To Market! To Market! USDA Offers $5 Million in Grants to the Smallest of the Small Farmers

No pork here

No pork here

The 2008 farm bill contains $35 billion in pork earmarked as subsidies to the huge agribusinesses that produce the bulk of our corn, wheat, and soybeans. In comparison, the $5 million (million, not billion) in grants the United States Department of Agriculture (USDA) made available this week for the Farmers’ Market Promotion Program seems like chicken feed.

Nonetheless, advocates for small producers are cheering. “Even though it’s not a lot of money, it can be important,” said Kate Fitzgerald, a senior policy associate at the National Sustainable Agriculture Coalition, which is based in Washington, D. C.

Fitzgerald said that there are some important changes to the four-year-old program in 2010 specifically aimed at the most vulnerable and most needy of small farmers—those just starting out. The funding will emphasize helping them get their food to customers. “There’s not only a need for new farmers, but that there’s active interest out there so this is a smart investment,” she said.

The money will also be directed to lower income, underserved rural areas. “That reflects a growing understanding and concern that access to food is equally difficult and perhaps even more difficult in rural  food deserts than it is in urban areas,” she said.

Fitzgerald sees the influence of First Lady Michelle Obama’s “Let’s Move!” campaign against childhood obesity in the new directions at the USDA. “They’ve tweaked the program to do things that support the administration’s emphasis on building food systems by supporting farmers markets in all kinds of communities,” she said. “What’s sold at a farmers’ market is going to be nutritious. It’s going to be fresh. It’s much less processed. If a community has access to a farmer’s market, what people are buying is likely to be healthful and nutritious.”

When asked about the program’s paltry budget, Fitzgerald said, “In the communities that they are targeting, it doesn’t take a ton of money to make a significant difference. Something as simple as getting a farmers’ market the machinery needed to accept what used to be called food stamps and is now called SNAP (Sustainable Nutrition Assistance Program) costs a few thousand dollars but can open up hundreds of thousands of dollars in those communities for farmers.

“It’s an excellent program and it’s very, very, well run,” she said.

When was the last time you heard an NGO activist (or anyone) say something like that about a government effort?

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3 comments

  1. Debra Tropp says:

    Re: your last paragraph, I don’t know–in the circles I travel in at USDA, we hear nice things from NGOs pretty darn often! Those that are in the know, like Kate Fitzgerald at NSAC, are well aware of the important work carried out by many of us USDA career employees (often in partnership with these NGOs) to support the development of viable local food systems. And the cross-cutting initiatives and bridging of organizational silos that have been encouraged under the current leadership at USDA have already wrought significant positive changes in a very short amount of time under severe resource constraints.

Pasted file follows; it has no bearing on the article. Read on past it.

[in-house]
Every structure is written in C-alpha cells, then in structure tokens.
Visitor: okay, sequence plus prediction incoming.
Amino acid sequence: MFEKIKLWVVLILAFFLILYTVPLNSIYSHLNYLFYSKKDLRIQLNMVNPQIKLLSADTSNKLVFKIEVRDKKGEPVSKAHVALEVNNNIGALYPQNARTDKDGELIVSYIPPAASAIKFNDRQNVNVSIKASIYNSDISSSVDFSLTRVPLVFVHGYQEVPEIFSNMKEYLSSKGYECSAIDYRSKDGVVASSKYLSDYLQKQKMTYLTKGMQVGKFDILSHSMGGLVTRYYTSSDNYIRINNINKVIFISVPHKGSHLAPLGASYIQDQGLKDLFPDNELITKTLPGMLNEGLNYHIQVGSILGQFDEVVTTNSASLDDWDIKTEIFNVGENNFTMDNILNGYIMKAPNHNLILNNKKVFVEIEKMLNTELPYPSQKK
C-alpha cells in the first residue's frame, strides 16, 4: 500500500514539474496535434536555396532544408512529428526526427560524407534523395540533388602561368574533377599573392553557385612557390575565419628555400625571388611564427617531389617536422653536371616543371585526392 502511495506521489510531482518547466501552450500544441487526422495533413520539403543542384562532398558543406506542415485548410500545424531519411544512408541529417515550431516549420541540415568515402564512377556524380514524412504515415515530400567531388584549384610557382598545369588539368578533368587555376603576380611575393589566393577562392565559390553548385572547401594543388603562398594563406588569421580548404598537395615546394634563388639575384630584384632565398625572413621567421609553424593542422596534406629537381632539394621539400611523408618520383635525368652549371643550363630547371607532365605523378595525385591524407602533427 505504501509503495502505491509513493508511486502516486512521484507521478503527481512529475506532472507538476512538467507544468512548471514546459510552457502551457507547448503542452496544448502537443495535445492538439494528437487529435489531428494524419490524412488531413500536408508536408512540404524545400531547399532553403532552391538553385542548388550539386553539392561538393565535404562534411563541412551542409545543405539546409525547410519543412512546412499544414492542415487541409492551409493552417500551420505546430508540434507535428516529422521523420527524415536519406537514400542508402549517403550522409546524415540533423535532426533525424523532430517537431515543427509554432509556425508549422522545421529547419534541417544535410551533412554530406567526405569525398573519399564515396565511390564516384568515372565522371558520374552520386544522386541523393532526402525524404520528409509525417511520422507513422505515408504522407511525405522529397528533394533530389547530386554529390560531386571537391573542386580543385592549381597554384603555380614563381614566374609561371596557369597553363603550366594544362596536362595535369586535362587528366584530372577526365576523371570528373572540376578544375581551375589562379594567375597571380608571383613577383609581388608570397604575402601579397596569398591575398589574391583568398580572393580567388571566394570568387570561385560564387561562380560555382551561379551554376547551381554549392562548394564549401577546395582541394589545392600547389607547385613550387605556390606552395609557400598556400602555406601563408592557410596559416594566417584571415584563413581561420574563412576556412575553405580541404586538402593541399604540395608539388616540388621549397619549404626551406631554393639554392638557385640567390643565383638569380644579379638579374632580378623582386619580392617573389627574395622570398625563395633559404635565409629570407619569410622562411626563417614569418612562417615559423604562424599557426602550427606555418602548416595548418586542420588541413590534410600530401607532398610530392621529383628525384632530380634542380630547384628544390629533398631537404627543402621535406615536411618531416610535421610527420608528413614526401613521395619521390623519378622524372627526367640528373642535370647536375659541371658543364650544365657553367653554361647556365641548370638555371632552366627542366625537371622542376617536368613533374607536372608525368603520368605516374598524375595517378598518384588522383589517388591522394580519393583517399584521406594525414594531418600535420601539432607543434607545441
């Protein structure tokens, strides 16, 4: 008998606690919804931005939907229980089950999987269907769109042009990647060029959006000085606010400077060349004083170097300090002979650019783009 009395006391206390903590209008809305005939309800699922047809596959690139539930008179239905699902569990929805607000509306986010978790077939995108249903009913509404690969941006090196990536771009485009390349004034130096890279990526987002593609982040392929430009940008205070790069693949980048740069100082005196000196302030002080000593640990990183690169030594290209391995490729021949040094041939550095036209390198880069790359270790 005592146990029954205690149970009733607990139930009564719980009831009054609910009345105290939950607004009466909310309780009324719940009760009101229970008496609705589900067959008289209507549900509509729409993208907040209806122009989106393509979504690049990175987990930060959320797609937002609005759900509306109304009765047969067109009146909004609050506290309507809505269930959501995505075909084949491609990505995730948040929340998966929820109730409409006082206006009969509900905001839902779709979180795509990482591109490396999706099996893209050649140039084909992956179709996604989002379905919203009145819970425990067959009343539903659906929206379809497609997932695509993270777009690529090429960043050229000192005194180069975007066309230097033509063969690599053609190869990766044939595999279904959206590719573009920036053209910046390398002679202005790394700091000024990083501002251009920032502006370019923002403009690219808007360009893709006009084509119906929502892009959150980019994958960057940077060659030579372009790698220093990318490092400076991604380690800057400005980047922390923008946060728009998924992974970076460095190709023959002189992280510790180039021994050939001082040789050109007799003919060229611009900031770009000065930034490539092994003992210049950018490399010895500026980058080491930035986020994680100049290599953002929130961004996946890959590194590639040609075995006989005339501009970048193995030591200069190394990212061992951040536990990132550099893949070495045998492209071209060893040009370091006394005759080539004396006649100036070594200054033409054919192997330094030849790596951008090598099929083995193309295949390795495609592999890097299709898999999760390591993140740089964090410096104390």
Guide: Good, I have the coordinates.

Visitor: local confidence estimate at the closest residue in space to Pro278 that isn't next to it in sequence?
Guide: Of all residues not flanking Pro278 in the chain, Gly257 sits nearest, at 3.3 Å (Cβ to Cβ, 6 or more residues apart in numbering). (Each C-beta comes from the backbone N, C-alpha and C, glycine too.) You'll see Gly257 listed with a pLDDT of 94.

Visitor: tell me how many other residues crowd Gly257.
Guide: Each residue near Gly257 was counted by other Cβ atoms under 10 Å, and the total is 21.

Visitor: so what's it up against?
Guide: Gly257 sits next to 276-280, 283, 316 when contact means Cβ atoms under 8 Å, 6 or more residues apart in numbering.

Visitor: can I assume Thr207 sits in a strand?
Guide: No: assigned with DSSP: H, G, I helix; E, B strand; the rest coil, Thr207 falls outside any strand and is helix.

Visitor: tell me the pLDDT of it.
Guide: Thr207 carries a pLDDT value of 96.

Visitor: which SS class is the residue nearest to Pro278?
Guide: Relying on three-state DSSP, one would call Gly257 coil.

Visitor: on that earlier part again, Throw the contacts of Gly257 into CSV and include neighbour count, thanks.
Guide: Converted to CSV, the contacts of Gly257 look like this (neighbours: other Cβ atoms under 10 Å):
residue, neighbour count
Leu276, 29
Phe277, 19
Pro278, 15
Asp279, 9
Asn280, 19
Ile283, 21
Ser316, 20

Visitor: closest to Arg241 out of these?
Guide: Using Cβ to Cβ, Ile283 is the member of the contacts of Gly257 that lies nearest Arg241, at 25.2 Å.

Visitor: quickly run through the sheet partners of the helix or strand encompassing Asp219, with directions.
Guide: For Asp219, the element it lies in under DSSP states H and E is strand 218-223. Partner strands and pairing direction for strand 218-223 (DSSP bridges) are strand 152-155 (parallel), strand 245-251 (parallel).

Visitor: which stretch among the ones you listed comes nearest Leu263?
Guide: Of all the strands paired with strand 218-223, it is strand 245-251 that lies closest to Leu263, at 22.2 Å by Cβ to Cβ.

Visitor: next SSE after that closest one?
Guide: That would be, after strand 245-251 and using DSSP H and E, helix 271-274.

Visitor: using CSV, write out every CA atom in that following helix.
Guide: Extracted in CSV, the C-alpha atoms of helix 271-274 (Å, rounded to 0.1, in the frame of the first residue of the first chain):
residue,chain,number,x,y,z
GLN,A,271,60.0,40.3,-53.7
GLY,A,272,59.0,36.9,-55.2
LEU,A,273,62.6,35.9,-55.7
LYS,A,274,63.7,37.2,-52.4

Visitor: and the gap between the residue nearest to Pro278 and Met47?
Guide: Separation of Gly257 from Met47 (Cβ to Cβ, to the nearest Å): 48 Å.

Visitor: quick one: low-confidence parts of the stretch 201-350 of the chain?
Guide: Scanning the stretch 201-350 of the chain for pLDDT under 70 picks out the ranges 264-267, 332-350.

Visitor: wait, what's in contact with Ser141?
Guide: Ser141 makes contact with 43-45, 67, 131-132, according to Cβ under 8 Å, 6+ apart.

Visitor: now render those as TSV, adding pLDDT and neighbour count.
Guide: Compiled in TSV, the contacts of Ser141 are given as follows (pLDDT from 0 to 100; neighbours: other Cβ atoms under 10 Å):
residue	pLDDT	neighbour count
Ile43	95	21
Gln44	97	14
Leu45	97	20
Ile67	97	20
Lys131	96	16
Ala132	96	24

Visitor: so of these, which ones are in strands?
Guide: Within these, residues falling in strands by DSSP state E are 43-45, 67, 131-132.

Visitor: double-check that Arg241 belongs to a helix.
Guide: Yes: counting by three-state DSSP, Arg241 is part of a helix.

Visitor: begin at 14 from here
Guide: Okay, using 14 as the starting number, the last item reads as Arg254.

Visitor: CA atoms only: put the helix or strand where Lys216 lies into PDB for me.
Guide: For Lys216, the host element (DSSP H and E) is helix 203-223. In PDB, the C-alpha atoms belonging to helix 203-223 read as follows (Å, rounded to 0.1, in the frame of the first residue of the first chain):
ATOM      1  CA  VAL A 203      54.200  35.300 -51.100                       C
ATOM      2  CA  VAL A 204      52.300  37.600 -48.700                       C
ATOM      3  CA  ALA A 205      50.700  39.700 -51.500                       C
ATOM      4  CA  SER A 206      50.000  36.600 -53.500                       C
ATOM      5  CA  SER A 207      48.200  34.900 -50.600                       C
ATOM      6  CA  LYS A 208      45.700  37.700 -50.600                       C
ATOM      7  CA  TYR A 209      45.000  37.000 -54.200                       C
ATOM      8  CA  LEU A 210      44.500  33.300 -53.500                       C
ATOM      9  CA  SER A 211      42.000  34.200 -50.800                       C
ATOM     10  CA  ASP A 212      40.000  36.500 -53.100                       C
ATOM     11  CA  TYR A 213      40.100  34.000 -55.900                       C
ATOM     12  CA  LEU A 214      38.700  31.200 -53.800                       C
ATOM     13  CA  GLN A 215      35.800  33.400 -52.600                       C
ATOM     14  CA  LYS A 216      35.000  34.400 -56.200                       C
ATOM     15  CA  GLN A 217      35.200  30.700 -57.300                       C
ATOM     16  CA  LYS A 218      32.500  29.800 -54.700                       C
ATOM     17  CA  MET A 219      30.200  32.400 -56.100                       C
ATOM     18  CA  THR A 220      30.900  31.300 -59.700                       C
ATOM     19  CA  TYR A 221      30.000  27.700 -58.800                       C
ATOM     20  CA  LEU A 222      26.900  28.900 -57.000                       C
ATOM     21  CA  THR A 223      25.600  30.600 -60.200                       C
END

2. Holly says:

    There’s a pathetic difference between $5 million and $35 billion, and I almost hate to say it, but it’s better than nothing, especially considering the strength of government lobbying and the interests that lie in promoting animal products rather than vegetables and fruits. I can only hope that $5 million will grow in the future.

    It’s clear that education, promotion, and marketing of farmers markets and CSA projects need to be expanded and unfortunately it’s something they’ll have to take on without much government assistance.

    It would be interesting to put together a simple marketing plan (including online and offline initiatives) that could be adapted to each farmer’s market or CSA program, including the tools they need (website, etc.) and what kind of participation they need to solicit (on a volunteer basis, of course) from their community. If a handful of people worked together in each neighborhood, this could be easily accomplished.

    And then they wouldn’t have to hold their breath waiting for government assistance. $5 million doesn’t go far.

  3. Tracee says:

    I’m not one to cheer for any type of subsidy, so this is rare for me. I live in a small, poor rural area. I also have two atuoimmune diseases and a son recovering from autism. I think the industrial food chain has done it’s part in both of these issues. I’m all for eliminating the big susidies but we need to get the local farming communities strong again. Quality food makes for stronger immune systems and economics.

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